A Newborn Baby Is Seen Sleeping On His Father'S Chest.
Babies born with syphilis can have a variety of health problems.

Both HIV and syphilis are opportunistic infections made more likely by the reality of living in poverty. They are both asymptomatic in their early stages, so people may not know they are infected. The stress of poverty and drug use can contribute to people engaging in more HIV and syphilis risk behaviors than they would otherwise.

Once infected, both syphilis and HIV can be treated, but treatment can be intense – syphilis during pregnancy can require multiple appointments and HIV requires daily medication. When people live without reliable housing and exist with insufficient income, they have to come up with creative strategies to survive and to be screened, tested or treated for new infections is not always a top priority.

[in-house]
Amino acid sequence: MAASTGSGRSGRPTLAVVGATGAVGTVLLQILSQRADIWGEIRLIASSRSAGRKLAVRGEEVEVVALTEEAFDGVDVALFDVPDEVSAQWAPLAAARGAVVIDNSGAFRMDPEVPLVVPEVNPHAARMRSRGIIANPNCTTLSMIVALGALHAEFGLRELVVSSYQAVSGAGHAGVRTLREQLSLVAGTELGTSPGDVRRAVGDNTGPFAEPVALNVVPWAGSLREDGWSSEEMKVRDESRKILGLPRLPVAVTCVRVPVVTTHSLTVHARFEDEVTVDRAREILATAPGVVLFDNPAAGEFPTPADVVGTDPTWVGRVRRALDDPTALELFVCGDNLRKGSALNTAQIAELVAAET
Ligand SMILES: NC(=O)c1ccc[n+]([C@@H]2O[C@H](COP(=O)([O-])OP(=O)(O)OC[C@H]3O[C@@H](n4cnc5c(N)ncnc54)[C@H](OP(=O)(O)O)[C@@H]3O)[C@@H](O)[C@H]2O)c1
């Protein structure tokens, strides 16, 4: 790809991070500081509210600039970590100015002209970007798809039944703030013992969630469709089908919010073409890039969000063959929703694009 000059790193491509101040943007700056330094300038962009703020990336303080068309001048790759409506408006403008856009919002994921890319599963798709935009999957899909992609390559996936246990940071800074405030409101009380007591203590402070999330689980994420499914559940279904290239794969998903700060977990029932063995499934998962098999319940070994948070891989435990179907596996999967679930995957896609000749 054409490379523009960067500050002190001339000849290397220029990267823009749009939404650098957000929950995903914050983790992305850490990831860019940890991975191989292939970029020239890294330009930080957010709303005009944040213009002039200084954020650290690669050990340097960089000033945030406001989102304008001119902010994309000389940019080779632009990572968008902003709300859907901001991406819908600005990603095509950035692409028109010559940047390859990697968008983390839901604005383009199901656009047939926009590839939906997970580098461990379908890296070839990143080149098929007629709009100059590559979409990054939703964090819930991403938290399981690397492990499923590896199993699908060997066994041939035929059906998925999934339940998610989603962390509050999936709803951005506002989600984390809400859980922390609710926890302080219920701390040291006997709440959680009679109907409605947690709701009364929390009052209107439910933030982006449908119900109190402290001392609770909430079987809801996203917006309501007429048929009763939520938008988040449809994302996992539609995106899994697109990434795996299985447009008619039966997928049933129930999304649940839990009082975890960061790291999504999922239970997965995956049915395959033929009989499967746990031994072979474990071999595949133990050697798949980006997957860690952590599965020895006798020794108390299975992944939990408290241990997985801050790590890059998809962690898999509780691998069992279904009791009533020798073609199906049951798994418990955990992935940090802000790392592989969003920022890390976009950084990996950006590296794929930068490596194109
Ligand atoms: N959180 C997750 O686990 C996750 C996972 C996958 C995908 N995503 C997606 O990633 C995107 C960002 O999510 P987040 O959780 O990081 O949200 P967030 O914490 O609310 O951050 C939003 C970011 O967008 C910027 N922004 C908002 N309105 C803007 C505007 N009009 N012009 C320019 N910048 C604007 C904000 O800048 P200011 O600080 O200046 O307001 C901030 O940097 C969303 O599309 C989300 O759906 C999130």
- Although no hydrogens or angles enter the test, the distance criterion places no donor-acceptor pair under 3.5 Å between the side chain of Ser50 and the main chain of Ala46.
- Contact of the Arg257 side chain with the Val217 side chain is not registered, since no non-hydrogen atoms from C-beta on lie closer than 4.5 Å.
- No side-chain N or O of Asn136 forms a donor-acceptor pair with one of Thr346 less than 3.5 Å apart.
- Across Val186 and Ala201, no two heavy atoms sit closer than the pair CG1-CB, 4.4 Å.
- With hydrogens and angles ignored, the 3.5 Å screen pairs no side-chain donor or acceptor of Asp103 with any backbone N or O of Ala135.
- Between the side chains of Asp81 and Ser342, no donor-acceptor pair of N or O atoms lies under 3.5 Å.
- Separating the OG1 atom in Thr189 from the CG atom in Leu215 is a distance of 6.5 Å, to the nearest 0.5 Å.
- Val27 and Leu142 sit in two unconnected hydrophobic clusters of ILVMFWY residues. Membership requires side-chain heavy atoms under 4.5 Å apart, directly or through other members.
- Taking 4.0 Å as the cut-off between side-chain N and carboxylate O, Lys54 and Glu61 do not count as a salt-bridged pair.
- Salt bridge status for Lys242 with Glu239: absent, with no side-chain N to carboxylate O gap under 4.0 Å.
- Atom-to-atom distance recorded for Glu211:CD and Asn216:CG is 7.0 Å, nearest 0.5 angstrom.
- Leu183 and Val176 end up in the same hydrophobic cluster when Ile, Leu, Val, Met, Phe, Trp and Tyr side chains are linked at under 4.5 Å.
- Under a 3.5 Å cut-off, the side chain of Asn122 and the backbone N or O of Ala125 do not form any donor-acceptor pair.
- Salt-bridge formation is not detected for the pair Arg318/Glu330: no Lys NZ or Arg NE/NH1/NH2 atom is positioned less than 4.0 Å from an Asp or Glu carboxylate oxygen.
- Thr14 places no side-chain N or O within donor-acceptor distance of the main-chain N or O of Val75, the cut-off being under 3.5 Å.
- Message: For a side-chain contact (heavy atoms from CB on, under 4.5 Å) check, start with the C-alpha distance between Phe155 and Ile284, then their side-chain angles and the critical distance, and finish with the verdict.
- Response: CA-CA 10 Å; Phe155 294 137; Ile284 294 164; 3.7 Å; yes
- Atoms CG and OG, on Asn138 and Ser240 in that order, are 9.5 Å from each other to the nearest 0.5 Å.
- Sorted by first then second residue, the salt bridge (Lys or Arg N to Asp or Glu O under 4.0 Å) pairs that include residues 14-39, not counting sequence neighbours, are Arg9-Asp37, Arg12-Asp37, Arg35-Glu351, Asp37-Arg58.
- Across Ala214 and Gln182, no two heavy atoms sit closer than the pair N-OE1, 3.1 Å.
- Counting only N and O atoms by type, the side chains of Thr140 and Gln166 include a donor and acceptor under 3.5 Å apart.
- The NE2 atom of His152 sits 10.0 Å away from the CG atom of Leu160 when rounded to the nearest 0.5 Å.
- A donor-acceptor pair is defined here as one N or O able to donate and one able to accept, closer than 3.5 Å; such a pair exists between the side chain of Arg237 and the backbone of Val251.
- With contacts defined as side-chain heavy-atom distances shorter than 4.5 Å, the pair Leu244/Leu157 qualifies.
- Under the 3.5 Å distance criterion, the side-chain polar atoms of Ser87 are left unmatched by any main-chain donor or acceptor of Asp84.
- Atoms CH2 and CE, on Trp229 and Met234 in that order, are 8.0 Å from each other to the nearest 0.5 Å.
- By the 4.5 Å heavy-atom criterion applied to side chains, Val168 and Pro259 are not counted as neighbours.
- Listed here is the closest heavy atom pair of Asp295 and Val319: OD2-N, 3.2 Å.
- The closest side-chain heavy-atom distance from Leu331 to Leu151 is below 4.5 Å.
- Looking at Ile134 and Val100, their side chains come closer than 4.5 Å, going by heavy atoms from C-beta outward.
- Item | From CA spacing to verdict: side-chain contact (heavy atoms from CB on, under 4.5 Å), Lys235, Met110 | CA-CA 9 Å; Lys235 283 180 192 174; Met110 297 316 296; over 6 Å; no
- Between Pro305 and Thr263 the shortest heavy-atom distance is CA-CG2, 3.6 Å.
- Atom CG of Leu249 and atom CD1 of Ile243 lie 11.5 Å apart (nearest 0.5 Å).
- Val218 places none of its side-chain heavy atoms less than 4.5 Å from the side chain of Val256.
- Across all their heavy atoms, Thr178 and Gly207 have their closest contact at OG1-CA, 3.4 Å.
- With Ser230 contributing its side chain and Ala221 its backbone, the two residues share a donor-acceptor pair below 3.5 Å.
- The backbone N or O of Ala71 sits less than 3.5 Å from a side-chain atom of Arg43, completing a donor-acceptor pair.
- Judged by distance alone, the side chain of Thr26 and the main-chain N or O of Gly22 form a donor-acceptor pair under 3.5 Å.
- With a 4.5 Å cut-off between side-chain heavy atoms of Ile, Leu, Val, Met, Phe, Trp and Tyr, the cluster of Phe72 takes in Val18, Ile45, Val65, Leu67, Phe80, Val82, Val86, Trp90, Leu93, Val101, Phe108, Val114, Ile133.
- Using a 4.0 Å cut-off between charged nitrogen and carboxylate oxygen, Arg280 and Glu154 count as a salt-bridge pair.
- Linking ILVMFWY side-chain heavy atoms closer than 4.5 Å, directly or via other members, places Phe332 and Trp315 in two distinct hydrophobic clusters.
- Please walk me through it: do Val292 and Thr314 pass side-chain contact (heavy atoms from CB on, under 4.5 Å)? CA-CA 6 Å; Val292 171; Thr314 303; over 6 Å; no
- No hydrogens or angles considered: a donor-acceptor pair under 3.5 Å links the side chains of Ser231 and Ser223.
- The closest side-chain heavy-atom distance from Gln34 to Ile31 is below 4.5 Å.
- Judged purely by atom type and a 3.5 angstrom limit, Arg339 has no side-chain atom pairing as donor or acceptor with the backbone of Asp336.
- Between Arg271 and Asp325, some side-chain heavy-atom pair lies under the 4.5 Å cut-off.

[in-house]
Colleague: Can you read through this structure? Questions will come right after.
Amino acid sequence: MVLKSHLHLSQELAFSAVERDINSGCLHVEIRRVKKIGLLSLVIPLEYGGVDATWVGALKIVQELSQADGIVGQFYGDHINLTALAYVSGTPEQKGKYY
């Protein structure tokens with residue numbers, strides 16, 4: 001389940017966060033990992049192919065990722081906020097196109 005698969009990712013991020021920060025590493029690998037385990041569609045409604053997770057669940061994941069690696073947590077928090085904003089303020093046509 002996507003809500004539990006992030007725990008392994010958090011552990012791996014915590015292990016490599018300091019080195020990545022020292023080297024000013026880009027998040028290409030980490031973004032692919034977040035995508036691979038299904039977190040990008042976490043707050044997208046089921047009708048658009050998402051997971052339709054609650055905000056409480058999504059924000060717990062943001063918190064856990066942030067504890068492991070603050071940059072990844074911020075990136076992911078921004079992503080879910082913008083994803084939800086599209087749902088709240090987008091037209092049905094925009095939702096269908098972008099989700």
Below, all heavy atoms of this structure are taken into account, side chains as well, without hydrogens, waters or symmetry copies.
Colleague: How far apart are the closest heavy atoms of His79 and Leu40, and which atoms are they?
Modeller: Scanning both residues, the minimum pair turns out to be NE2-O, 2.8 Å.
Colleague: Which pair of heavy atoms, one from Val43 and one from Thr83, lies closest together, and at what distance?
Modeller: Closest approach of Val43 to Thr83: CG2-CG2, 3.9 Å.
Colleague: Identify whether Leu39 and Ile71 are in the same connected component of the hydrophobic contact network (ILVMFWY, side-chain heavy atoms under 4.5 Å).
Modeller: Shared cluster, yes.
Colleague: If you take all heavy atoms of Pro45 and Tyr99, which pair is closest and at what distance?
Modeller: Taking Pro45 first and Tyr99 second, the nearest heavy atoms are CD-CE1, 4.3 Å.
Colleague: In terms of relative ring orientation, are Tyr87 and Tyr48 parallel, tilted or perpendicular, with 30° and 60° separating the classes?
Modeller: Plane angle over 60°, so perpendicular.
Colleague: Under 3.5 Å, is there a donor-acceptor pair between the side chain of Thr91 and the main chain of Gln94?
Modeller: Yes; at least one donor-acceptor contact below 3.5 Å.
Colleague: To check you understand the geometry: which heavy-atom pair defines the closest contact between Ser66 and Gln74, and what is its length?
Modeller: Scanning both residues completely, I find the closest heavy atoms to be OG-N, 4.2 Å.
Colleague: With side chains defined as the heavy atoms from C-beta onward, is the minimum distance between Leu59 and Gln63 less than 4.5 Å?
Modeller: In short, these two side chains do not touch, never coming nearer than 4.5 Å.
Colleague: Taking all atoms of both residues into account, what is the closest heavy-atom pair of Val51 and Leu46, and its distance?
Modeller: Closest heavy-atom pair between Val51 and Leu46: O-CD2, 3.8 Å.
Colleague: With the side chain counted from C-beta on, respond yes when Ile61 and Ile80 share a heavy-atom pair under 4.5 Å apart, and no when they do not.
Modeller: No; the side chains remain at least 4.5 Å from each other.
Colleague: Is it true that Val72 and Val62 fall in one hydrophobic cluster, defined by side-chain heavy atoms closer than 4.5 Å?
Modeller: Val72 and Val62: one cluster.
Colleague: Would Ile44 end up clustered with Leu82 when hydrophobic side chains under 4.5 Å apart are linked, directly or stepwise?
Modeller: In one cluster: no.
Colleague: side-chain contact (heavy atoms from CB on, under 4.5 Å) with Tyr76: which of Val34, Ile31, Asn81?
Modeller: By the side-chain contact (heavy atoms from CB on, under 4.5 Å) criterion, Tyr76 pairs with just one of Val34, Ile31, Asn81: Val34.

Benefits reduced

Insufficient prices of social assistance in Saskatchewan have long contributed to the problem, which has now been exacerbated by changes that have recently reduced the total amount of benefits.

Unlike its predecessor, the new program does not fund the actual cost of utilities, but rather provides an insufficient fixed amount. Other supports have been reduced or eliminated, such as those for clothing, furniture and school supplies.

A Man In A Dark Suit, Red Tie And Glasses Is Standing Next To A Podium.
Scott Moe, Prime Minister of Saskatchewan, speaks to the media after the submission of the Saskatchewan budget in March 2022.

The new program also got rid of direct payment to landlords, who had previously ensured that, no matter what, rent was always paid. These changes have resulted in more people being evicted than ever, with the Saskatchewan Landlord Association reporting that 30 percent of people on social assistance were unable or unable to pay their rent in the months after the change took effect.

In November 2021, the Ministry of Social Services declared that it would pay rent and utilities directly to recipients at risk of homelessness, but housing organizations say this is still not happening.